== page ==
Retail & E-Commerce

Price Parity as a Driver of Plant-Based Sales

ProVeg International recently published an article regarding its November webinar that explored using price parity as a driver of plant-based sales.

Throughout the article and webinar, an expert panel of plant-based professionals gives insights on achieving price parity in the plant-based sector, as well as advice on the challenges that trying to do so presents. The panel consisted of Rob Reams, Vice President for Eat Planted; Phillip Marek, Global Product Manager of Plant-Based Ingredients at Döhler; and Piotr Lubiewa-Wielezynski, Director of Sales Development at Carrefour Poland.

A key point of the discussion was, inevitably, plant-based supply chains, which, compared to those of established meat and dairy businesses, are still young and not set in stone for each category. So, what did the panellists recommend for reducing costs?

Supermarket shelves with alt milk courtesy ProVeg
Image courtesy ProVeg

“From a manufacturer and brand point of view,” Reams suggested, “I advise innovation – innovate and be mindful of your bottom line. Don’t do anything that will kill your bottom line, because we all have to survive and grow, so strike a balance. The best way to do this is to innovate and be smart in negotiation.”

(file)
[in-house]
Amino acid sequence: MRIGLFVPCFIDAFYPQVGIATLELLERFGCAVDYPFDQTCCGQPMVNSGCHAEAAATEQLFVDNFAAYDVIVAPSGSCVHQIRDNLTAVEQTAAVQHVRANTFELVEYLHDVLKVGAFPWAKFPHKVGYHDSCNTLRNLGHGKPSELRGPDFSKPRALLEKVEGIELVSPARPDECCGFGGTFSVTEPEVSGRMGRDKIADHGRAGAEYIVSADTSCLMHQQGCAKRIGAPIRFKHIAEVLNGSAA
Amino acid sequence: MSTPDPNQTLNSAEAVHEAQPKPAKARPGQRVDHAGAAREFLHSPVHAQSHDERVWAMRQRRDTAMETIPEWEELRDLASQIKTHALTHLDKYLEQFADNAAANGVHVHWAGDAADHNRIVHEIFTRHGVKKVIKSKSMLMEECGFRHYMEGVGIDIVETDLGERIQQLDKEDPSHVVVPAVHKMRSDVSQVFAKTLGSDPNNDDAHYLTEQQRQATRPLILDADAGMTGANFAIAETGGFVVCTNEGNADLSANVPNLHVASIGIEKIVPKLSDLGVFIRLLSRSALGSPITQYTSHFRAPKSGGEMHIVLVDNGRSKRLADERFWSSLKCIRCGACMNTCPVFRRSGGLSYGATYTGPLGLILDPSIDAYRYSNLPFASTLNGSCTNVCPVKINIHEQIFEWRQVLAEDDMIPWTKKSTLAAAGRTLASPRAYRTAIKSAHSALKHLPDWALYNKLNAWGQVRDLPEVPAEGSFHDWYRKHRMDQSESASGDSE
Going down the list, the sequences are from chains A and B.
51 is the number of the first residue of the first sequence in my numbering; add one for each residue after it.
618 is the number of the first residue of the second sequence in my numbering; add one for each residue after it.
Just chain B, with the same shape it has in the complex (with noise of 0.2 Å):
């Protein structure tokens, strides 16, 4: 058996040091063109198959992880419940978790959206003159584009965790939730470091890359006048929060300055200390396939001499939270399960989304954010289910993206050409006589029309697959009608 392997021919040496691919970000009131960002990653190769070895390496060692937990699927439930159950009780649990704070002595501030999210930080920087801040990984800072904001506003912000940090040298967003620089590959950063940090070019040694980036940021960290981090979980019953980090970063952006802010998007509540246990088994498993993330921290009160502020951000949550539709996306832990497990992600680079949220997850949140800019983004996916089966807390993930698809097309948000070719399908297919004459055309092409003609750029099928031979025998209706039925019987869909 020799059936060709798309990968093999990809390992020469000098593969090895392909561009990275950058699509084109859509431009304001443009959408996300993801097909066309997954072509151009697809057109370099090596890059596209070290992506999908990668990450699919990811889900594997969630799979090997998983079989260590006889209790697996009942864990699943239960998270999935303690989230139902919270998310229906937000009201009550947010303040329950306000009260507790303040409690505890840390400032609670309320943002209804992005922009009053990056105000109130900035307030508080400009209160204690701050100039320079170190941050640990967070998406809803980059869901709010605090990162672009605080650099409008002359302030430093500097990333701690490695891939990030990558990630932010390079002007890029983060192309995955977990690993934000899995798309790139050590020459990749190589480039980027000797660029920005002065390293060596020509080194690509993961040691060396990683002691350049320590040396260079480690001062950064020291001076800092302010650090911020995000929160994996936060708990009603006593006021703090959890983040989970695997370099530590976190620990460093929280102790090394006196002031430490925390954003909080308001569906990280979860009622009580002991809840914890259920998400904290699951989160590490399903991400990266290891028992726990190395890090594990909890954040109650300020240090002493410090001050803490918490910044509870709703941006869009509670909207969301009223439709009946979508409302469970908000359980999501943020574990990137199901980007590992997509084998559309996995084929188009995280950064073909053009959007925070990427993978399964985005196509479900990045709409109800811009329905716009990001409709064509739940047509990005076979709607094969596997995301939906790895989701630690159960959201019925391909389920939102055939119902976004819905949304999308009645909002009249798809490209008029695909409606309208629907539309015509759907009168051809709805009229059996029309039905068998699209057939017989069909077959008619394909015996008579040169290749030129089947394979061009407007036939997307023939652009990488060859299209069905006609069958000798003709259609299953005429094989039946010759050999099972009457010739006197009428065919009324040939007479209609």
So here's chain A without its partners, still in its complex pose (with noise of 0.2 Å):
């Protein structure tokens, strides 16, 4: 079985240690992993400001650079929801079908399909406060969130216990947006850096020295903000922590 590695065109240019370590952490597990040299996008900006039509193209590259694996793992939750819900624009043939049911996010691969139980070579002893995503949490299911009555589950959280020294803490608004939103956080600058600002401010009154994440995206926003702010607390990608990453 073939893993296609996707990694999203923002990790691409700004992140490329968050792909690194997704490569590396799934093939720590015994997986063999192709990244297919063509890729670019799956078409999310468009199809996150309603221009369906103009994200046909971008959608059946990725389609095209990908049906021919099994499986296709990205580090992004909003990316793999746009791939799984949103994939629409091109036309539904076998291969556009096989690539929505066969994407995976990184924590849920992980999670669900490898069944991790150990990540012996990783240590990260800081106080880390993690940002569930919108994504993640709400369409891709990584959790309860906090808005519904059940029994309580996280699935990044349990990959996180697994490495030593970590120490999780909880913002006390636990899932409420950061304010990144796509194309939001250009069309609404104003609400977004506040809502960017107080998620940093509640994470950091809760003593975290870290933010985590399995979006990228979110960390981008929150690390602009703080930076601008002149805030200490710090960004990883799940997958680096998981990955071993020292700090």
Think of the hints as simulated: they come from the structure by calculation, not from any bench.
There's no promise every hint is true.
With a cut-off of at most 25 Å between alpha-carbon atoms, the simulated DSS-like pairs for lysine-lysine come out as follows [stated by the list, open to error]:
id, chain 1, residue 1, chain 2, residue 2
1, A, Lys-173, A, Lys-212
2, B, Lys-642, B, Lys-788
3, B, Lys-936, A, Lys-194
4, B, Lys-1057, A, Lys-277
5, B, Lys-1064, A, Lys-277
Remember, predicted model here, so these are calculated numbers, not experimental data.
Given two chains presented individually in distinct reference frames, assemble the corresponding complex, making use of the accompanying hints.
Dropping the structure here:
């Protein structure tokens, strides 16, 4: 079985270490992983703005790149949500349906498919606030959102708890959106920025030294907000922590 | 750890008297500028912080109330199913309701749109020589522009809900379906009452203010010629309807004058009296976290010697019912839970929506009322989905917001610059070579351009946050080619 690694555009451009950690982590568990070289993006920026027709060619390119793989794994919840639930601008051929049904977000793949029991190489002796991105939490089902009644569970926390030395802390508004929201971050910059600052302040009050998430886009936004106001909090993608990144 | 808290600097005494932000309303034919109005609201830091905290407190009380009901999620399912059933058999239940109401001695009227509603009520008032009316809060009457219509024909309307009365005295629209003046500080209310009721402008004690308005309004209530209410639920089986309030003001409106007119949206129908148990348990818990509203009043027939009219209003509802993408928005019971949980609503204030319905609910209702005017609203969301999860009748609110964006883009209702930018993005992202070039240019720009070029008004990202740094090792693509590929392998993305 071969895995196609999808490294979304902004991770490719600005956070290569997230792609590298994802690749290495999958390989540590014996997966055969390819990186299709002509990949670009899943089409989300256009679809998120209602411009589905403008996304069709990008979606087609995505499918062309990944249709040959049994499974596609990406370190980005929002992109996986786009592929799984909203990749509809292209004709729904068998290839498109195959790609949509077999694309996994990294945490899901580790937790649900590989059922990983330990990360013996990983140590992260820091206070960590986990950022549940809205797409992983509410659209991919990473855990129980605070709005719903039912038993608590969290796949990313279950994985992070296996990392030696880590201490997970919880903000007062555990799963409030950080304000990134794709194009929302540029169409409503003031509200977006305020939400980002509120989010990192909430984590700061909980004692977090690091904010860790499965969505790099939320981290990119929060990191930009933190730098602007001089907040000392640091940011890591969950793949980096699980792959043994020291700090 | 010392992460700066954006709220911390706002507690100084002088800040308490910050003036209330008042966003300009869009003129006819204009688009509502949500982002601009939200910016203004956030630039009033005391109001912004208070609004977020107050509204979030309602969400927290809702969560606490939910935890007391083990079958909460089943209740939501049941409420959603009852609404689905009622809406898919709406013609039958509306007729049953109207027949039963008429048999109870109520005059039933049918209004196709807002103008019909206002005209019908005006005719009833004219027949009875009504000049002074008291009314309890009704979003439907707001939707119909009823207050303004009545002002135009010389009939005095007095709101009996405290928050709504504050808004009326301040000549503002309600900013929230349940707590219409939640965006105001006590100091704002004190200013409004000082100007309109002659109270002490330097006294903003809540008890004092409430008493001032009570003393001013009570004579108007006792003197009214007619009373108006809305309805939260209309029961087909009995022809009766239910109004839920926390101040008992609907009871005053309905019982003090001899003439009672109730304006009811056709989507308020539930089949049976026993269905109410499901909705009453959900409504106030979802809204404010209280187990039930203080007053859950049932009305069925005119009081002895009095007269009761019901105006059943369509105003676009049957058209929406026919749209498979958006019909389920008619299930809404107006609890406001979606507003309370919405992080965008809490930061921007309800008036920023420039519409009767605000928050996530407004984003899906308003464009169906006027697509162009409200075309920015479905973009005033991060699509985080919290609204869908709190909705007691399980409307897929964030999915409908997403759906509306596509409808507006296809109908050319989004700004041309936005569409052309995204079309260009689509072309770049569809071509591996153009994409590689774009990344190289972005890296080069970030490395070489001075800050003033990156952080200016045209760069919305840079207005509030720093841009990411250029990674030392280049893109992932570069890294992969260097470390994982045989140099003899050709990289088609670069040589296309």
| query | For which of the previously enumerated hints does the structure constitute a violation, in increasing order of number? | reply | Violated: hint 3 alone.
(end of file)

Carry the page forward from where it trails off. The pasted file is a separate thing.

Importance of innovation

Innovation is important across the whole life cycle of the product – at every level of the manufacturing process and in branding and retailing. “Get smart and always plan to improve at all levels of your organisation. How can you be smarter in reducing your supply chain and taking out costs? How can you be more innovative by looking at pack sizes or going from chilled to frozen or vice versa? Look at things in the broader sense and look at the things that you can control as a business.”

supermarket with PB products
Image courtesy Beyond Animal

Marek suggested having a long-term business plan. “Consider the effects of scale on your operation and factor it into your P&I [planning and investment]. Also, work on strategic alliances – either vertically or horizontally. And lastly, have confidence in your products; don’t sell by price, sell by your other benefits.”

For Lubiewa-Wielezynski, choosing local producers is a way to help with the whole innovation process. He believes it will also put more pressure on bigger companies around the world to understand that the plant-based revolution is happening now – or perhaps it is in the past because it has already happened. “We need to look further into the future,” he explained.


If you want more insight and advice on the topic of achieving price parity, click here to read the full ProVeg International article. If you’d like to work with ProVeg, you can email them at [email protected].

Share

Newsletter

Subscribe for the vegconomist-newsletter and regularly receive the most important news from the vegan business world.

Subscribe